We thought that the uniforms Stella McCartney designed for the British Olympic Team were pretty great, even if others didn’t. In an interview with the Financial Times, McCartney delves into her design process and explains her thoughts about the negative critiques.
While Ralph Lauren and Giorgio Armani are designing their respective country’s uniforms for the Olympics’ Opening Ceremony (check out the controversial US uniforms here and non-controversial Italian uniforms here), McCartney is the first fashion designer to create the actual competition gear. McCartney has been collaborating with Adidas for several years, so she presumably has a one-up on other designers when it comes to creating activewear.
When she was asked the design all the uniforms for the UK team, she didn’t go to into the archives for inspiration or something of that nature. Instead, McCartney went straight to the athletes for pointers. They told her what kind of uniforms they wanted, and she set out to make functional, practical, and fashionable uniforms. Emphasis on the functionality part, she explains:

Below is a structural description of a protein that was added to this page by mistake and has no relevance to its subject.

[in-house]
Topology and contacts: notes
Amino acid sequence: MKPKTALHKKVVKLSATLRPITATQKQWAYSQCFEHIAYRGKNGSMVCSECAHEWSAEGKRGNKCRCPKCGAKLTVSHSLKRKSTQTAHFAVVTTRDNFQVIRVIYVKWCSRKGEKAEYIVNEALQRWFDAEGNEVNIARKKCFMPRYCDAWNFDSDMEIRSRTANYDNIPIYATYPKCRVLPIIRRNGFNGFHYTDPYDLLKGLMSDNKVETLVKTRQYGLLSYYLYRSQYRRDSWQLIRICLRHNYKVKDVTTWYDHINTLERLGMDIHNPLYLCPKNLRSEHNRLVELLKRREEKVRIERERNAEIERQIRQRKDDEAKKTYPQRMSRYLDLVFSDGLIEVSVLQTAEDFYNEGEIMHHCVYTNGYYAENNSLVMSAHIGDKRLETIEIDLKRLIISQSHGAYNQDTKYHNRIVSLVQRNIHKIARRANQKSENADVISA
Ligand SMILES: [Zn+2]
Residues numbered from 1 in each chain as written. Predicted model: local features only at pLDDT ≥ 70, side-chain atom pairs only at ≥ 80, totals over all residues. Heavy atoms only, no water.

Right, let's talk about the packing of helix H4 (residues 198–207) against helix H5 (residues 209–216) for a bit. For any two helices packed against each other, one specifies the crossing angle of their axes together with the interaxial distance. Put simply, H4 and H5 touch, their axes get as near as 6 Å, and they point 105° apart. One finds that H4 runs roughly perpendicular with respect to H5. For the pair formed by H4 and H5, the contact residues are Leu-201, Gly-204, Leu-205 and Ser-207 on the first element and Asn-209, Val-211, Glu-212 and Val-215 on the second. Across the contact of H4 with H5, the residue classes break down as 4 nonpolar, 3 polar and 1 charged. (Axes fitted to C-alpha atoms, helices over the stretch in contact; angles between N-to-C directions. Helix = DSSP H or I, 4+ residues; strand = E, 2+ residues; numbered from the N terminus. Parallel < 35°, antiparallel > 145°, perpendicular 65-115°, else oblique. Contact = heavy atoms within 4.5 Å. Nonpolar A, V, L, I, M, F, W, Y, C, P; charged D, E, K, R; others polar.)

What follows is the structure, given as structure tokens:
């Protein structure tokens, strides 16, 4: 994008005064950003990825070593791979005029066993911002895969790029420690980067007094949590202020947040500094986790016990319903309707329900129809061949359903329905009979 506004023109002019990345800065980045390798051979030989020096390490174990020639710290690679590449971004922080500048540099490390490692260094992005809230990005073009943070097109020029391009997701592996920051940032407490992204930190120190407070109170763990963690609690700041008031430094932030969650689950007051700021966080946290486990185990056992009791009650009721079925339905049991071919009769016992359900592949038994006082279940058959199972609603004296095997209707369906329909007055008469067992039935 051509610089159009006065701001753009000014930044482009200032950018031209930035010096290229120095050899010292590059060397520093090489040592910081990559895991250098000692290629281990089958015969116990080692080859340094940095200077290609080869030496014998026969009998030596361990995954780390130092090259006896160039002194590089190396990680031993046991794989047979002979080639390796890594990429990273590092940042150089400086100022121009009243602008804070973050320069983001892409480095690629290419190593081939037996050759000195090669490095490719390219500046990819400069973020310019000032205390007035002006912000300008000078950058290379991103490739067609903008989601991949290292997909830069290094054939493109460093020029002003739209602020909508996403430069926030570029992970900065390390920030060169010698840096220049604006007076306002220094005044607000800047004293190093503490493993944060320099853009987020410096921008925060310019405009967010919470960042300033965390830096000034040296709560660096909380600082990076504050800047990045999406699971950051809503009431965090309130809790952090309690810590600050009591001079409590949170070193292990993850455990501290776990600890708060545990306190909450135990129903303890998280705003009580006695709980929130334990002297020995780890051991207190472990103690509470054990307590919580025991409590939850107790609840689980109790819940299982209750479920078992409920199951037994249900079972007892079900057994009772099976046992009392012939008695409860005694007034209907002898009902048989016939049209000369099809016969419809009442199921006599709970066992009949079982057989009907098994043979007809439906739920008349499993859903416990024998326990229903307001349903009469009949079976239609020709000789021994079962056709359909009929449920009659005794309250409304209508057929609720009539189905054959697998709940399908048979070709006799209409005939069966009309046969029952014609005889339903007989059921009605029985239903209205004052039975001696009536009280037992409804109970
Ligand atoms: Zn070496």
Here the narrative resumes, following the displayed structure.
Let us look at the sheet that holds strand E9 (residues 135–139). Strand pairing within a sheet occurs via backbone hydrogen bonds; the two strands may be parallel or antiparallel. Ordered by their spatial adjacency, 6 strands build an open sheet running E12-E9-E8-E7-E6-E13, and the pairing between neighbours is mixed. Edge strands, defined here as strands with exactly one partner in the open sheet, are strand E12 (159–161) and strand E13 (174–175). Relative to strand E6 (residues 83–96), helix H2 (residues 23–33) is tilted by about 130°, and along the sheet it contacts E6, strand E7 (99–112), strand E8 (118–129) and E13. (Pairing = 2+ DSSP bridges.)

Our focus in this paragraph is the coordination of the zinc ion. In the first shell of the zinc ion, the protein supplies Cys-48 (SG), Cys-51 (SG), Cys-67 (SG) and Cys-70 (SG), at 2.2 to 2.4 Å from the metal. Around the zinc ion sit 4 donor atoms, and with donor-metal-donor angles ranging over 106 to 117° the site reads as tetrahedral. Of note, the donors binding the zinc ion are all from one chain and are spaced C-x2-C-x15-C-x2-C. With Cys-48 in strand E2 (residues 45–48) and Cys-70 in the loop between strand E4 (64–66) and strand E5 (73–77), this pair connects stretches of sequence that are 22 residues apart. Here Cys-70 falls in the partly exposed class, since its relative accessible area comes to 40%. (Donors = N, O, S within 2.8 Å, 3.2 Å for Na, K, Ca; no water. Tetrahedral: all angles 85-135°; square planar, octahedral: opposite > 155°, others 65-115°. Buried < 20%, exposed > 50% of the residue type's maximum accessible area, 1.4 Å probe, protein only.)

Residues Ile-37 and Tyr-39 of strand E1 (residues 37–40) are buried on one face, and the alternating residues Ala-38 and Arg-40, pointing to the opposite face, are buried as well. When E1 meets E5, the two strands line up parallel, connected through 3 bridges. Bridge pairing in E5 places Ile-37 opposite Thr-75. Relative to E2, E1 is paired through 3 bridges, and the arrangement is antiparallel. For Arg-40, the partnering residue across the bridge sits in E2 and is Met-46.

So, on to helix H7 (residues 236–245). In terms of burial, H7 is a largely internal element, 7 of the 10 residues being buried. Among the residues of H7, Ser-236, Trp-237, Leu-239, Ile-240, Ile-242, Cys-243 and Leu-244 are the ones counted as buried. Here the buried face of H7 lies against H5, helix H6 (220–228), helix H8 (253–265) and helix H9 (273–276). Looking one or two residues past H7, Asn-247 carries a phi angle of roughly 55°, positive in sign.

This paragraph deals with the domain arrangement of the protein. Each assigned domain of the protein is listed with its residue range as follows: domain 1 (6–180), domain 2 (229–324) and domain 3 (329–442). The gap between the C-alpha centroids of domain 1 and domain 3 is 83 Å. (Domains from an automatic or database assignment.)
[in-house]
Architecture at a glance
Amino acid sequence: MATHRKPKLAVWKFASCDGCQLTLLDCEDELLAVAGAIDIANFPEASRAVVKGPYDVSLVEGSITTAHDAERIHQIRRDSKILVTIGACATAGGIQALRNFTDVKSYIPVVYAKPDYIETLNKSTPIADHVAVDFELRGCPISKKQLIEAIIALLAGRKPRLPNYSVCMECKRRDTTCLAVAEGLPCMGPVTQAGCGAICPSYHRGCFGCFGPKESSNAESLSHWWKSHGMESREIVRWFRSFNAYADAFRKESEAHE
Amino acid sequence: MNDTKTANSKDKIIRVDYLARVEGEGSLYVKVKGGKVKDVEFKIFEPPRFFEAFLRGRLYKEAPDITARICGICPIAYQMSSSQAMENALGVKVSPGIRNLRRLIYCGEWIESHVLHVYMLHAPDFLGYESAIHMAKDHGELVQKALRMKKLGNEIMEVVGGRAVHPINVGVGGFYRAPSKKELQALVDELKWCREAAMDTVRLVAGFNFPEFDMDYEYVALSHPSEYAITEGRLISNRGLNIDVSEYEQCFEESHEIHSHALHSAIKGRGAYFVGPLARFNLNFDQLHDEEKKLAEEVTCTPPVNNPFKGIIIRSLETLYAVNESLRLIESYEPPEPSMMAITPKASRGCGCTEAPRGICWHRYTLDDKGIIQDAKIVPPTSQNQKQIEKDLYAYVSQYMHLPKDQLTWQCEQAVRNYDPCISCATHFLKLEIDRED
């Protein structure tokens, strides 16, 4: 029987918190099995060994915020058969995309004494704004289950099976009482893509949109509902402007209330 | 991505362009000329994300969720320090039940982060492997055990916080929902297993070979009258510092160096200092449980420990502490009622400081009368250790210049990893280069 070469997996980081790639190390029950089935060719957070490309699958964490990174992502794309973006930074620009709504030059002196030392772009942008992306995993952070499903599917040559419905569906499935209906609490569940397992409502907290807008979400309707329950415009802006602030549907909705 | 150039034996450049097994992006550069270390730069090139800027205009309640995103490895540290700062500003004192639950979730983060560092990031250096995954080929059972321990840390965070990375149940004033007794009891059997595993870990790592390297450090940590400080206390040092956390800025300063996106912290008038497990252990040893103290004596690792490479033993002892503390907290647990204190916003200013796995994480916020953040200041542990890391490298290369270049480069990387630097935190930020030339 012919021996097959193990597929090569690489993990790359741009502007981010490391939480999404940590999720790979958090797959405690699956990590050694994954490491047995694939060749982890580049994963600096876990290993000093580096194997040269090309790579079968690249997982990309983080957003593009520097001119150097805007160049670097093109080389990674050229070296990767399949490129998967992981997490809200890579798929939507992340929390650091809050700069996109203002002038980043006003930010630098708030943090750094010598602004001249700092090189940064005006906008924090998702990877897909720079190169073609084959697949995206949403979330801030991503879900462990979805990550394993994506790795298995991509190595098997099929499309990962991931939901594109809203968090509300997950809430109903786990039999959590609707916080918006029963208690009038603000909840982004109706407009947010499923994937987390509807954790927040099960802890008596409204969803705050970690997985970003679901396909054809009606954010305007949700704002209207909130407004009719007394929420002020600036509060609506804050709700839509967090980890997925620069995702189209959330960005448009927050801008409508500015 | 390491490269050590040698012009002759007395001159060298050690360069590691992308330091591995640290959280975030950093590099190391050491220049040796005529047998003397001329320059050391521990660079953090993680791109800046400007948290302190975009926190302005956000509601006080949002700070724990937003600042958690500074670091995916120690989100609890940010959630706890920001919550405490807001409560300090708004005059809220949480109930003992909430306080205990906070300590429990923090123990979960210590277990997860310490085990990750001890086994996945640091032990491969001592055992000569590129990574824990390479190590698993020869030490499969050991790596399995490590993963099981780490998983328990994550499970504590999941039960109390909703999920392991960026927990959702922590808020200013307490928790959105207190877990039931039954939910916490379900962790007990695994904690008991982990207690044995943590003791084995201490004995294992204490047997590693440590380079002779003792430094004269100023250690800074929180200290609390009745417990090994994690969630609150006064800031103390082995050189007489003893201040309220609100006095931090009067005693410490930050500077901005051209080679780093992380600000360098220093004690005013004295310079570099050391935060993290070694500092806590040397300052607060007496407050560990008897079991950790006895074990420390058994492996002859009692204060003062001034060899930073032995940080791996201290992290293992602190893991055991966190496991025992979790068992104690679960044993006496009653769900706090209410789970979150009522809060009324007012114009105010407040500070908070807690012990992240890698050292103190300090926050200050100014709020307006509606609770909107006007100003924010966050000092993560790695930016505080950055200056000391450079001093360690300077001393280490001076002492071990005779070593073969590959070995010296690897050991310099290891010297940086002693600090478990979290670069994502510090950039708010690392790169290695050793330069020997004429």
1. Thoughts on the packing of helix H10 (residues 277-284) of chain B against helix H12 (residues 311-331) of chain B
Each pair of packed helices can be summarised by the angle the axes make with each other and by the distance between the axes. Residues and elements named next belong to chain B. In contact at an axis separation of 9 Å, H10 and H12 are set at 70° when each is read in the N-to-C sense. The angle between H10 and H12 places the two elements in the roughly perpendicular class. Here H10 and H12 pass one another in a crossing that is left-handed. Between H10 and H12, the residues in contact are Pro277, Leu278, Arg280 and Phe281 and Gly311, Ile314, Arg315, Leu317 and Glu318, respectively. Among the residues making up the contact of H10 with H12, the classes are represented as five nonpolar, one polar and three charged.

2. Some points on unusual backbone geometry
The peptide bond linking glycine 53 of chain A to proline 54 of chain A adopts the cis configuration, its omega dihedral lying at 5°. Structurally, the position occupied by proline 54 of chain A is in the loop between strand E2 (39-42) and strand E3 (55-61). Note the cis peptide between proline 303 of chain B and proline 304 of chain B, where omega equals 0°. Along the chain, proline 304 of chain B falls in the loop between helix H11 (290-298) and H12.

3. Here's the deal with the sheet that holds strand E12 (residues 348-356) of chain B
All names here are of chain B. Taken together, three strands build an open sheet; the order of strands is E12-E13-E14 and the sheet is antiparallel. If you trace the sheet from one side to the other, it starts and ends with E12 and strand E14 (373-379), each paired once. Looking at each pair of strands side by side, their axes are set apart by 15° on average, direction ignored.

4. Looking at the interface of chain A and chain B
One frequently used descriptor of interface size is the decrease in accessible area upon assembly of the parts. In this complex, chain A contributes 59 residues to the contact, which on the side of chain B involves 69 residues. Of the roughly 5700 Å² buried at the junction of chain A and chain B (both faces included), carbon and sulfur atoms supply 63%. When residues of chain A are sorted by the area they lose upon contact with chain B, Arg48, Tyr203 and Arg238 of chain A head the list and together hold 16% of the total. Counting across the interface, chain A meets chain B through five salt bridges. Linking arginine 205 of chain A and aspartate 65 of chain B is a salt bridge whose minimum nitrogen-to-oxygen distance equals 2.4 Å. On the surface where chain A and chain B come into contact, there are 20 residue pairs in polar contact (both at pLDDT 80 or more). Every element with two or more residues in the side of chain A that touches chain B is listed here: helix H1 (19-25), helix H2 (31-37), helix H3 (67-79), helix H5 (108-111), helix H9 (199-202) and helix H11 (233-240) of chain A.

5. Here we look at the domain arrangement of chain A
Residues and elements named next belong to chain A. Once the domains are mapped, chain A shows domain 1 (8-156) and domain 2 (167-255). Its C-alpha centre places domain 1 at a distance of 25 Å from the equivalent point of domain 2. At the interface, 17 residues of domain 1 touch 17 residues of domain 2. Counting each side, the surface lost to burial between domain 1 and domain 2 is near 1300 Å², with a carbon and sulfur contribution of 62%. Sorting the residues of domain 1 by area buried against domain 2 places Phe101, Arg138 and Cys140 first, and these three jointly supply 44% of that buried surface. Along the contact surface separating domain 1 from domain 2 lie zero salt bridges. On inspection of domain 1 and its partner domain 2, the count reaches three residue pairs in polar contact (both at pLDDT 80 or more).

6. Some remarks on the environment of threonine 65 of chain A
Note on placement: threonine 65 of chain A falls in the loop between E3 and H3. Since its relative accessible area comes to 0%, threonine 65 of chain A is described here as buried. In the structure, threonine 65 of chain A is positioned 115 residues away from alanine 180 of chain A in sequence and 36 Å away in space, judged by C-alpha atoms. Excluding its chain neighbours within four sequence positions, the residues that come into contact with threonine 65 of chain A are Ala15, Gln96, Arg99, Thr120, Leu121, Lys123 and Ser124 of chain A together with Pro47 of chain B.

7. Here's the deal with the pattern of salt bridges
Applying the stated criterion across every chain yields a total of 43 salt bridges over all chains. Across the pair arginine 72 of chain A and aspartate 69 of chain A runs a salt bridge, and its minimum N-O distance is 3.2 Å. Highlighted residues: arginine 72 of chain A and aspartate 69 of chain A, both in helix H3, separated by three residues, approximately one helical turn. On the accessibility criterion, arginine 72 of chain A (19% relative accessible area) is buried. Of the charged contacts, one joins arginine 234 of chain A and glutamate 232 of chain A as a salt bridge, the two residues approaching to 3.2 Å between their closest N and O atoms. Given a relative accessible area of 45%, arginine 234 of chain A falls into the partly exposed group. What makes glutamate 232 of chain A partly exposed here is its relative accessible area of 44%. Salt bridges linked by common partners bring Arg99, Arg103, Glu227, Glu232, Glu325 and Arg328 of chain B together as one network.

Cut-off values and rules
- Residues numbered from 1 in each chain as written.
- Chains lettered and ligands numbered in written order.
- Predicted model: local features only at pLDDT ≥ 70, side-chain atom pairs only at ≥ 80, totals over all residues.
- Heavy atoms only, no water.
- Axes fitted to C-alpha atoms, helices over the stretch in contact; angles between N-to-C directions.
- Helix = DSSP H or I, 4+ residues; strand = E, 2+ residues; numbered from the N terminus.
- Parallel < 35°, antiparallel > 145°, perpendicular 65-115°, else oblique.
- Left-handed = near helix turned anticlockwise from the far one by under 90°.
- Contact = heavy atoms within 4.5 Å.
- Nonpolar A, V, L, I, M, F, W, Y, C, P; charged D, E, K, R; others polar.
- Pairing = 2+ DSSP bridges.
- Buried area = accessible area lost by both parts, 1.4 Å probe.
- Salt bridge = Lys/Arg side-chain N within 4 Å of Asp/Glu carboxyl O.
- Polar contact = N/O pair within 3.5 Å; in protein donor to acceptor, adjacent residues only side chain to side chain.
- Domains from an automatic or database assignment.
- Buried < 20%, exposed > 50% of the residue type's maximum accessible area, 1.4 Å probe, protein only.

“Designing for athletes – enabling them to perform at their highest level – was a level of pressure I’ve never felt. You don’t ever want someone to say, ‘My clothes didn’t function perfectly.’ But at the same time, function has two meanings: they have to work at the performance level but they also have to work to make someone feel good psychologically. And then you have a whole country that has their own thoughts about what looks good.”
McCartney says that the whole process of designing the uniforms took two and a half years to make, which is about 28 months longer than it takes to design a regular collection. The uniforms received mixed reviews when they were unveiled, but McCartney just cooly responds,“It’s not my usual audience.”
And as a refresher, here are the said uniforms:
this is some kind of spaceship or something.